So I’ve just had Spotify explained to me on the school run – I am, of course, none the wiser although I think I could probably bluff on the subject for about 30 seconds. I thought I was keeping up quite well, I was giving myself an inner pat on the back when my “teacher” mentioned “streaming” and lost me…
I am finding this is happening increasingly – getting “lost” that is. I like to think I am fairly up with technology but only yesterday I had to follow the “idiot” instructions from the “Apple automated voice” to find something as simple as the serial number on my non-functioning computer. I then had to follow somewhat complicated instructions from the “Apple human” in order to restore function to my computer and throughout this somewhat painful 30 minute experience, I was fully aware that he was speaking to me much as I speak to my 3 year old daughter. Speaking slowly and in words rarely above 2 syllables, he talked me through the rebooting of my computer and I wanted to scream…I really wanted to scream….I am NOT STUPID, I am just not 16 any more, that’s all! So I don’t really know what bytes are, what “streaming” is or what the finer points of the differences between iTunes and Spotify are but I do know lots of other things that I’m sure the “Apple human” doesn’t. Ok, so Latin and Ancient Greek may not be one of the most modern, progressive or even vocational degrees but I am not bad with roots of words and crosswords – so there, computer geeks!
I know that technology is a wonderful, wonderful thing and it has changed our world immeasurably and mainly for the good but I do sometimes wistfully wish that we could go back to the simpler times of my childhood. A time when there was one BBC computer for the whole school (a large unwieldy machine treated with respect and awe by all); a time when we (illegally) taped songs from the top 40 on a Sunday evening to play on our tape recorders or walkmans; a time when we phoned our friends to ask things rather than text/email them; a time when there was only 3 TV channels and everyone watched “The Generation Game” on a Saturday evening; a time when going on holiday involved sitting on those high chairs at the “Thomas Cook” counter, flicking through holiday brochures and deciding on a holiday based on a couple of grainy photographs and a basic weather chart.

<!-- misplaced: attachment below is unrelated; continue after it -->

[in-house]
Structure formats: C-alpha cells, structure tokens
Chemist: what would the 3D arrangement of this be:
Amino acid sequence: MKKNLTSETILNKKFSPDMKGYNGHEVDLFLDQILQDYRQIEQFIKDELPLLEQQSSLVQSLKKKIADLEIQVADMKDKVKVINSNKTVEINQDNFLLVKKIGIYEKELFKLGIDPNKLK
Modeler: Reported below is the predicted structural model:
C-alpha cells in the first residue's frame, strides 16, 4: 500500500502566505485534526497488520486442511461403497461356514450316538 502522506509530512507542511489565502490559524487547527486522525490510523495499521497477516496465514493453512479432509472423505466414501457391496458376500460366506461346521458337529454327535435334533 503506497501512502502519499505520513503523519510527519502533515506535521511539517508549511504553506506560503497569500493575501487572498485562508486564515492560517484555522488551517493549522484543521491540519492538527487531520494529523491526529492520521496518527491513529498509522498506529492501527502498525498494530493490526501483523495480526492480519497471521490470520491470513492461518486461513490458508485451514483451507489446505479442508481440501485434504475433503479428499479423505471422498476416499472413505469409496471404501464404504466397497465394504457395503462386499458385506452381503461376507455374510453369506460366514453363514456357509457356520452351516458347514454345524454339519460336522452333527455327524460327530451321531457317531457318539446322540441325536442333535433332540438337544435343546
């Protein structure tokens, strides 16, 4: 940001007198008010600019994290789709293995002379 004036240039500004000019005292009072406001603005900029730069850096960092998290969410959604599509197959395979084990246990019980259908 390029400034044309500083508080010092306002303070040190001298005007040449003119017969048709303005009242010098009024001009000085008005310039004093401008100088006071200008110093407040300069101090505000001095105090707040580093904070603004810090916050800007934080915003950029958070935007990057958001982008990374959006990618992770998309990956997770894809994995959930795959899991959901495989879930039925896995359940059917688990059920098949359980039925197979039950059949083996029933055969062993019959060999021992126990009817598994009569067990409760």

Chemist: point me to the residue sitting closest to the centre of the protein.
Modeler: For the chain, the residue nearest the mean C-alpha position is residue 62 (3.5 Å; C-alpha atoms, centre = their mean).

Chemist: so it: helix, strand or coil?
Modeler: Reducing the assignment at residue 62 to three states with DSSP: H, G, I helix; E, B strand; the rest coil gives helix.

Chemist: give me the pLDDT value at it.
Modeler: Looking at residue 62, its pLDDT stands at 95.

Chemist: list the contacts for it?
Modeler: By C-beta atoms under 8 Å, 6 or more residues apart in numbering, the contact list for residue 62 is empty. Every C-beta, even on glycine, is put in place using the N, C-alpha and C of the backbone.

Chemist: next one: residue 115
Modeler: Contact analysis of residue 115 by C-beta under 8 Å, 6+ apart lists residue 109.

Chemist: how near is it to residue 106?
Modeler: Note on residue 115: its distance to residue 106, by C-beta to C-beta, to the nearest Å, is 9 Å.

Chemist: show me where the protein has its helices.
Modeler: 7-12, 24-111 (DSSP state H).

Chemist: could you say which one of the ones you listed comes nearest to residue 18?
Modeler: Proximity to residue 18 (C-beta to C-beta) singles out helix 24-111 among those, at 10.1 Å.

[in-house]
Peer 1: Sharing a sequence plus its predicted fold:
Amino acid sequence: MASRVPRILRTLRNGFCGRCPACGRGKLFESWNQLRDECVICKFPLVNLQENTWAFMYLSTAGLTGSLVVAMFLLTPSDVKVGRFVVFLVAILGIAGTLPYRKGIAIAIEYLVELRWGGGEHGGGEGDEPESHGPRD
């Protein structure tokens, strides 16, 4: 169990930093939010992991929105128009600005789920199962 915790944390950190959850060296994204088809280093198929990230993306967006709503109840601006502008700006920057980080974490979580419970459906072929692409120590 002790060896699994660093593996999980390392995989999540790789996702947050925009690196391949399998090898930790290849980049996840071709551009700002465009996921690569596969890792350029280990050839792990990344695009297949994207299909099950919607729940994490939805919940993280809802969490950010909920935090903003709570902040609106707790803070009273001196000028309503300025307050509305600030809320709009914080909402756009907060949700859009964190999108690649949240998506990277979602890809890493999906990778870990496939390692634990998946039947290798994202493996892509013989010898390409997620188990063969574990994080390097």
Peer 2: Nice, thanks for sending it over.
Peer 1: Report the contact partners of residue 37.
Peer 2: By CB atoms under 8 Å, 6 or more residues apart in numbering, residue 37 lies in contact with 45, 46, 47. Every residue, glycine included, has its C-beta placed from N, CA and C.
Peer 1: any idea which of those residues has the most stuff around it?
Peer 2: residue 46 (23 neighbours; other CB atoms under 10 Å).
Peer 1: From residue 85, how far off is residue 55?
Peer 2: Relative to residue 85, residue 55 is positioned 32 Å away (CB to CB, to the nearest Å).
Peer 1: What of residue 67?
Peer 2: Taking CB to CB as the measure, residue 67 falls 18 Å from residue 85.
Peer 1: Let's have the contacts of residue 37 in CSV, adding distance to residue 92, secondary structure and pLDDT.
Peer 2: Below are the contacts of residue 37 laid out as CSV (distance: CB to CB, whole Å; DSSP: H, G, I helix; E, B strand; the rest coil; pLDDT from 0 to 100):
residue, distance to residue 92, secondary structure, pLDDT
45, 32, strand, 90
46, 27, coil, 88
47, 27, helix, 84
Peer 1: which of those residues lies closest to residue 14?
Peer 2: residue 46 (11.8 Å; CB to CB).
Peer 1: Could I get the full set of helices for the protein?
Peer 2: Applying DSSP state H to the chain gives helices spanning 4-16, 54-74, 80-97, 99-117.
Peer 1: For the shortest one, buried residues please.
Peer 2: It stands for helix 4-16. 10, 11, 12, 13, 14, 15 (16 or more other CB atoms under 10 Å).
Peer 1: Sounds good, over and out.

I am not whinging about how life has moved on – I am as addicted to my iPhone, iMac and iPad as much as the next person – look, here I am blogging for heaven’s sake – but in a rare moment of seriousness for me, I do worry that the next generation – my kids – are so technology-saavy, so attached to this device or that device, that they sometimes forget just to be humans, talk to each other and have a laugh together. On that note, I am going to stop being the ultimate hypocrite, using technology, to criticise over-use of technology and get back to what I do best – procrastination!